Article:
What Are Eating Disorders?
Nearly 30 million Americans will have an eating disorder at some point in their lifetime. Eating disorders often co-occur with other mental health conditions, such as mood disorders, anxiety disorders, and alcohol and drug use disorders.
The recent Diagnostic and Statistical Manual of Mental Disorders (DSM-5) lists six main eating disorders, which are briefly described below.
Pica, which is more common in childhood than in adulthood, is defined as the persistent consumption of nonfood substances—ice, paper, hair, soil, starch, etc. When it occurs in adults, pica is often associated with the presence of serious mental illness or intellectual disability.
Risk factors for Pica include neglect and developmental delay.
2. Rumination Eating Disorder
Rumination disorder involves regurgitating food—bringing up swallowed food, chewing it, spitting it out, or swallowing it again (without disgust or nausea).
Rumination disorder is sometimes accompanied by malnutrition and may result in weight loss. Like pica, this condition is more prevalent in individuals with intellectual disability.
In children, risk factors for rumination disorder are stress, lack of stimulation, and relationship problems.
3. Avoidant/restrictive Food Intake Disorder
Avoidant/restrictive food intake disorder is characterized by avoidance of food—due to a lack of interest in food, food sensory sensitivity, or consequences of eating (e.g., choking)—and can result in weight loss and nutritional deficiency.
Risk factors consist of mental health conditions (e.g., autism, obsessive-compulsive disorder), family anxiety, parental eating disorders, and history of digestive conditions and other medical problems.
4. Binge-eating Disorder
Binge-eating disorder is characterized by regular episodes of eating a lot of food in a short time. These episodes are associated with feelings of loss of control at the time (e.g., eating rapidly, eating when no longer hungry), and feelings of depression, guilt, and self-disgust afterward.
Risk factors for binge eating include personal/family history and genetic predisposition.
5. Bulimia Nervosa Eating Disorder
Individuals with bulimia nervosa also binge eat; however, due to their preoccupation with body shape and weight, they additionally engage in unhealthy compensatory behaviors and try to follow strict diets between binges. For example, many people with bulimia nervosa engage in fasting, extreme exercise, and purging (e.g., self-induced vomiting).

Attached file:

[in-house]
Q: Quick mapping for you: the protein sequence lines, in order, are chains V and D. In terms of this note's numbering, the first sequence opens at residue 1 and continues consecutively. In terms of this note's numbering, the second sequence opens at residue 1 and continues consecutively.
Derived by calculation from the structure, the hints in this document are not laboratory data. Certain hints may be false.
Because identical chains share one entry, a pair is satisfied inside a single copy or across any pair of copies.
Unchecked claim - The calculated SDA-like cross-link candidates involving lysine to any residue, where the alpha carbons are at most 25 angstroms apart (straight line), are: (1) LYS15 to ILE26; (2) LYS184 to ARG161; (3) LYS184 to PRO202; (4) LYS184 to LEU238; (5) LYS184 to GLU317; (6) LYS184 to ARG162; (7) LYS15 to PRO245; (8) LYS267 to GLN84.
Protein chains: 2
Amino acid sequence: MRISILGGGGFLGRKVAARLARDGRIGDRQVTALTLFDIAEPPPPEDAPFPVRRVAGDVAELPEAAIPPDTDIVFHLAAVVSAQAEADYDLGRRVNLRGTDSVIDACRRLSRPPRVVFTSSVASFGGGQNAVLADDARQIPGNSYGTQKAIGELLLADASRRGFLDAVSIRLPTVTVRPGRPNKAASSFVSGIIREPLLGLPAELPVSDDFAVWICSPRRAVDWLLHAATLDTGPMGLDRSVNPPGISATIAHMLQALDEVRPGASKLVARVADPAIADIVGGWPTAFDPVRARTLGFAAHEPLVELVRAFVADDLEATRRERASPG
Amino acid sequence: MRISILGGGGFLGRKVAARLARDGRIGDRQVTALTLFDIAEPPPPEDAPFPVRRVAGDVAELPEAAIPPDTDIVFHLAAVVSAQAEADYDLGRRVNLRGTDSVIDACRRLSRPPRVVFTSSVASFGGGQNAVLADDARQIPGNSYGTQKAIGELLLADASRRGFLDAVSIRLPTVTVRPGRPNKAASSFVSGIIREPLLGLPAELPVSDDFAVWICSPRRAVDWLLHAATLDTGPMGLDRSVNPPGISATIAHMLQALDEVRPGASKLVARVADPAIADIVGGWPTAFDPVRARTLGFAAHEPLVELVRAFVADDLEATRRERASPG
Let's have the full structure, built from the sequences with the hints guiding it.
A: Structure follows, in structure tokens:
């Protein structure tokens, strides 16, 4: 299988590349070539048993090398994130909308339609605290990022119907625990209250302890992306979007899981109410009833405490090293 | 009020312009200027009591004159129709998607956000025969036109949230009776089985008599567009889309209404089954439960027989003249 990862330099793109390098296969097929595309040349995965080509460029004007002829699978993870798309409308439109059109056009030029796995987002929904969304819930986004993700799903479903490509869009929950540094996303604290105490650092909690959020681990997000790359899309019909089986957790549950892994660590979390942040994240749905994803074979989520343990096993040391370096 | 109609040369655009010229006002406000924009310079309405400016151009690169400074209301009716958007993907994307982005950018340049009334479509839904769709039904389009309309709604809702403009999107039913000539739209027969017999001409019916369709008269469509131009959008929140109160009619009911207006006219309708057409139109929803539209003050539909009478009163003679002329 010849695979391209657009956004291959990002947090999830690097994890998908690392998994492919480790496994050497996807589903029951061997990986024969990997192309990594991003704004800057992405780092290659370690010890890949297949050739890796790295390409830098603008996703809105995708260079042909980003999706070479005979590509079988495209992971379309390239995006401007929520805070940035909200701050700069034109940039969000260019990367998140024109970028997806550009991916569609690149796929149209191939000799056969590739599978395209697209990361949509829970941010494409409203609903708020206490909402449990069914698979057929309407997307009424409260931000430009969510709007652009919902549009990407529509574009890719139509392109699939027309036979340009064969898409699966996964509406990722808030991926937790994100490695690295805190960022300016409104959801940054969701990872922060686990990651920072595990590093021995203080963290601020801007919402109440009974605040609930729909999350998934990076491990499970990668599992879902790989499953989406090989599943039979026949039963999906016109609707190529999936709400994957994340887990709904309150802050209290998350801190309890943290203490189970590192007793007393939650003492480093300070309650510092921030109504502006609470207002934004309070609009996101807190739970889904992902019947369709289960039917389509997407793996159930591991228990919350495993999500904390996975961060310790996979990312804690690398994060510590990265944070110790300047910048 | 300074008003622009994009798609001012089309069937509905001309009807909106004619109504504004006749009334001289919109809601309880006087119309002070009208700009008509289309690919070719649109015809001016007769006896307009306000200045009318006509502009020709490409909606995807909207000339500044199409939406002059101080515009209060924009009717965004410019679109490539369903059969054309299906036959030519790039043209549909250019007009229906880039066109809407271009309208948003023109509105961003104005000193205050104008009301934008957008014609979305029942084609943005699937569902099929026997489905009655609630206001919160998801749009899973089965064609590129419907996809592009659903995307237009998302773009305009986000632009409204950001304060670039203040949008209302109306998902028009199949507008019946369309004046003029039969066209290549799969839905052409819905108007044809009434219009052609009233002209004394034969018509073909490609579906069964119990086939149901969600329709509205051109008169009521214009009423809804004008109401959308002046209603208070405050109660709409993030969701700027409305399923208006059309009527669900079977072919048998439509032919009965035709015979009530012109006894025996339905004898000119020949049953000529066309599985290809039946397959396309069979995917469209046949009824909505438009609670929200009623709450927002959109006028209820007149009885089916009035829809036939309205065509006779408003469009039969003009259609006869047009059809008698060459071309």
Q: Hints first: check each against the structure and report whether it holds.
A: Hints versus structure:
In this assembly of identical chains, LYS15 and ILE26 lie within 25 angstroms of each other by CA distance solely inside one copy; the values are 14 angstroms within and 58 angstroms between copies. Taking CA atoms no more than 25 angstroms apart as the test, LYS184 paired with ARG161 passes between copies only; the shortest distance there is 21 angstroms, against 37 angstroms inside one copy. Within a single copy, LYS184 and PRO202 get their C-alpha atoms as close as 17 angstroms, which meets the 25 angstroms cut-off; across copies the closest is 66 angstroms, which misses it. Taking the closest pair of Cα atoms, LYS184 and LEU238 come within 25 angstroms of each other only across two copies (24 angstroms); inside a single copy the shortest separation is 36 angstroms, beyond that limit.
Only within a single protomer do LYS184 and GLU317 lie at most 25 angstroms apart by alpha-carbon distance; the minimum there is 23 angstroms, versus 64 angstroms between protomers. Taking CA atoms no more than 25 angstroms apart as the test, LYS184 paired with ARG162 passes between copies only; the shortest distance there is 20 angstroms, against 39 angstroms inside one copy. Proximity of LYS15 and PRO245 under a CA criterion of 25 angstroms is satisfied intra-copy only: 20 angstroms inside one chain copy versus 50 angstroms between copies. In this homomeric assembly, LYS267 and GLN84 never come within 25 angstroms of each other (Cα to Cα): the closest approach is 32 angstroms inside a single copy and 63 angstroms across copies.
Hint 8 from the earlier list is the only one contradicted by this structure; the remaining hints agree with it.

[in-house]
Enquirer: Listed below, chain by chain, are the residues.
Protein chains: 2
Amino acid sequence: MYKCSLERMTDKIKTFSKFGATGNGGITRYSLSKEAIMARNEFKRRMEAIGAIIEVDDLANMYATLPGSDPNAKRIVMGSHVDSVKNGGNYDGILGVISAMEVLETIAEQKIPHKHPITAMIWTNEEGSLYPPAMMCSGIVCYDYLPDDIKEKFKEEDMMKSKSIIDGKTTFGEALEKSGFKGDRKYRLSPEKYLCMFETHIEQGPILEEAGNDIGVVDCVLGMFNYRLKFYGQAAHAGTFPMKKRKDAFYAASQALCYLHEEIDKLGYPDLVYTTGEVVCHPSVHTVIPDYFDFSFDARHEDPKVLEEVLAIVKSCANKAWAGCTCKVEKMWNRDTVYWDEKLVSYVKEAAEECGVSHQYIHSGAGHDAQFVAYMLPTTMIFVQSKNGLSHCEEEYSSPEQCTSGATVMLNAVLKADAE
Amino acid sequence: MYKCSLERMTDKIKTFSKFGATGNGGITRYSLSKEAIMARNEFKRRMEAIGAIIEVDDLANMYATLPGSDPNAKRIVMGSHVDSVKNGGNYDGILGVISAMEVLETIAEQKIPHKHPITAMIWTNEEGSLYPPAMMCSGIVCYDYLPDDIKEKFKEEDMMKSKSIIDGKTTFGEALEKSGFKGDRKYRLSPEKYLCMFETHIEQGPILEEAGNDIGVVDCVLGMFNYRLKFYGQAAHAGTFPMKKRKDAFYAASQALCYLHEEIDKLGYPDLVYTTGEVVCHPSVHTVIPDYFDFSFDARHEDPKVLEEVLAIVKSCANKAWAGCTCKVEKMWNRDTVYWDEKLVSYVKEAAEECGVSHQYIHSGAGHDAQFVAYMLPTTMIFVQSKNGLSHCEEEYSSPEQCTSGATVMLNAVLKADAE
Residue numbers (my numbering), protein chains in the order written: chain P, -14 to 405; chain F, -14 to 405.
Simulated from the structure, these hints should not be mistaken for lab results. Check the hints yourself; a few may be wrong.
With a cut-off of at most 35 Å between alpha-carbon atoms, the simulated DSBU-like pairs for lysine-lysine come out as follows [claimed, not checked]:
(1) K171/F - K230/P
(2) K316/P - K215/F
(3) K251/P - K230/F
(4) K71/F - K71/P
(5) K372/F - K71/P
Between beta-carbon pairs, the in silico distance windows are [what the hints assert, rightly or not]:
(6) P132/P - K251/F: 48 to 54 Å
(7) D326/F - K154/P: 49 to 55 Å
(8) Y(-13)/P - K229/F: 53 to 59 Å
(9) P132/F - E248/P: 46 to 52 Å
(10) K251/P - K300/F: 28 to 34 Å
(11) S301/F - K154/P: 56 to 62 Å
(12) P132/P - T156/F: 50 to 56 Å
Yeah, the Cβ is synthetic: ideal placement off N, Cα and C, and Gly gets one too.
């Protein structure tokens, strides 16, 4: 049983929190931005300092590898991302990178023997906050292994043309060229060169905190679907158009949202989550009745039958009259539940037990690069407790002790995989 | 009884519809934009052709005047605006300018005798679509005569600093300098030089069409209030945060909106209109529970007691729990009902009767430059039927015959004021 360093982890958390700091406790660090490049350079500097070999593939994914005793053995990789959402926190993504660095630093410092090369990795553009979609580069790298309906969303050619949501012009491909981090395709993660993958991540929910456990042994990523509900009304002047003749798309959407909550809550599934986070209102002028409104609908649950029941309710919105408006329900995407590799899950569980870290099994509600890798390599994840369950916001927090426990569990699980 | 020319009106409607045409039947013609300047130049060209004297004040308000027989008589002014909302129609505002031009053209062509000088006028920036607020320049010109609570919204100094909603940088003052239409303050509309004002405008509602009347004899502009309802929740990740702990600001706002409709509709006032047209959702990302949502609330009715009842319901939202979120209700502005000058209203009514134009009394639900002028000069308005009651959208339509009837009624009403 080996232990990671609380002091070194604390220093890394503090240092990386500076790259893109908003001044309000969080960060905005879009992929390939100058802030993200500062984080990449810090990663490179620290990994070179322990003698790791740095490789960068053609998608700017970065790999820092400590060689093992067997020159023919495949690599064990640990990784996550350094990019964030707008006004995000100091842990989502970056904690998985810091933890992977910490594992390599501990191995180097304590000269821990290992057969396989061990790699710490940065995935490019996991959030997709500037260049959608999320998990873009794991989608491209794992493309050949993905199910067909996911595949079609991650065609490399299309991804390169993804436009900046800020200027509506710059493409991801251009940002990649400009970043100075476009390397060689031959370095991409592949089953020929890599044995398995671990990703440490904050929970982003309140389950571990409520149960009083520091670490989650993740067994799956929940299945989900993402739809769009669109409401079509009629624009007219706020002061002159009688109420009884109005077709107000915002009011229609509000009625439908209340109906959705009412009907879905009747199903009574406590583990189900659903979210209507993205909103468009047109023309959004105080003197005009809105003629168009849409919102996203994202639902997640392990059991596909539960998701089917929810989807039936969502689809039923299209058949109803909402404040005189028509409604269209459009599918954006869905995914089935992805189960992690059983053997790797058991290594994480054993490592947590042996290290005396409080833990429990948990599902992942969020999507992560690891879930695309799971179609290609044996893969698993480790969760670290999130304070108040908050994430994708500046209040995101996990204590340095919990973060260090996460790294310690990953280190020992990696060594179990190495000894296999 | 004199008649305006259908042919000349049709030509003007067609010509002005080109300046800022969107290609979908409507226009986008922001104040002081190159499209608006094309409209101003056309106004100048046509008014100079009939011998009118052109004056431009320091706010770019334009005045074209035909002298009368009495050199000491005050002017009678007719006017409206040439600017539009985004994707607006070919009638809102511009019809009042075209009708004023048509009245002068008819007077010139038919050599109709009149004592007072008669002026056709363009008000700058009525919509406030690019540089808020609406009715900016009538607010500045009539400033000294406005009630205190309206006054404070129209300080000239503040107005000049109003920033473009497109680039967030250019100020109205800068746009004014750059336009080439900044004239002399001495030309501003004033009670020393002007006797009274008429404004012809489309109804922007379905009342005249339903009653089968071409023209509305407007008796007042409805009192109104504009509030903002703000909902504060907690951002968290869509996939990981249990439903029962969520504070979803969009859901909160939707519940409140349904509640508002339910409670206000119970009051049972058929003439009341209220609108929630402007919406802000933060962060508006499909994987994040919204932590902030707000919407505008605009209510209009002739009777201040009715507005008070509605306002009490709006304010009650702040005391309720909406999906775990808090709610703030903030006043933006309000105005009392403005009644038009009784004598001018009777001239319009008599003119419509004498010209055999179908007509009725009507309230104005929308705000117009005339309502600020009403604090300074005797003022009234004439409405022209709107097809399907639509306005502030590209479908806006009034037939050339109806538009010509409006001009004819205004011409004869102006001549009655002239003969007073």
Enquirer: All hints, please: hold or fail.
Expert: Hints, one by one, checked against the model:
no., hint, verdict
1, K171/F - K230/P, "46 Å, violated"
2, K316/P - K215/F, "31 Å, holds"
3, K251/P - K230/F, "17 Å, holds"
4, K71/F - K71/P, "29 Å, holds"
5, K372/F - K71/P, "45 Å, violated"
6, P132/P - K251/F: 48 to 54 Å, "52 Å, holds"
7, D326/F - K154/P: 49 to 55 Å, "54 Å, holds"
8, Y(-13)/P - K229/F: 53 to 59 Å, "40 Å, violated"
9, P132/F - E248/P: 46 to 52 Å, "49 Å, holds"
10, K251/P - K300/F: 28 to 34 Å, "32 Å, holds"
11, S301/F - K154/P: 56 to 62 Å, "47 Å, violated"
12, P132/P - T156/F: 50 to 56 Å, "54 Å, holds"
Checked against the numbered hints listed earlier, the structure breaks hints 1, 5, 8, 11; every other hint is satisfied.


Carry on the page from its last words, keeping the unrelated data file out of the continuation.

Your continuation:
Risk factors for bulimia nervosa include female sex (bulimia nervosa is much more common in women than in men), genetics (e.g., childhood obesity, early puberty), and environmental and mental health factors (e.g., low self-esteem, depression, social anxiety, weight concerns, childhood abuse).
6. Anorexia Nervosa
A clear sign of anorexia nervosa is very low body weight, which is one of three criteria used to diagnose this condition:
- Restriction of food intake resulting in abnormally low body weight.
- Severe fears of gaining weight and attempts to prevent weight gain.
- Body image disturbances, self-evaluations highly impacted by weight, or failure to realize the dangers of being severely underweight.
Individuals with the restrictive subtype of anorexia nervosa achieve their low weight mainly through exercise and dieting/fasting, while those with the binge-eating/purging subtype engage in purging as well.
Risk factors for anorexia nervosa comprise genetics, female sex (anorexia nervosa is much more common in women than in men), anxiety, obsessional traits, and either living in a culture (e.g., Western culture) or having a job or hobby (e.g., working as a model) that highly values thinness.
Eating disorders can have serious mental health and physical health consequences. For instance, anorexia nervosa is associated with a high risk of death. So, if you have been struggling with eating issues, do not delay seeking help. Effective interventions are available and can give you the techniques you need to manage your eating habits.
What is Treatment-Resistant Depression?
Treatment-resistant depression is depression that has failed to respond to at least 3 antidepressant medications from different drug classes.
What is Spravato?
Spravato Nasal Spray is a new FDA approved medication for treatment of chronic depression in adults. Please fill out the form to download our patient guide to get more information on this medication, who is the right candidate, treatment options, and potential side effects.
Talk to your doctor to see if Spravato is right for you.
Please note that Spravato can only be administered in a medically supervised healthcare setting that has been recognized as a certified treatment center.
Download your copy of:
Spravato Patient Guide
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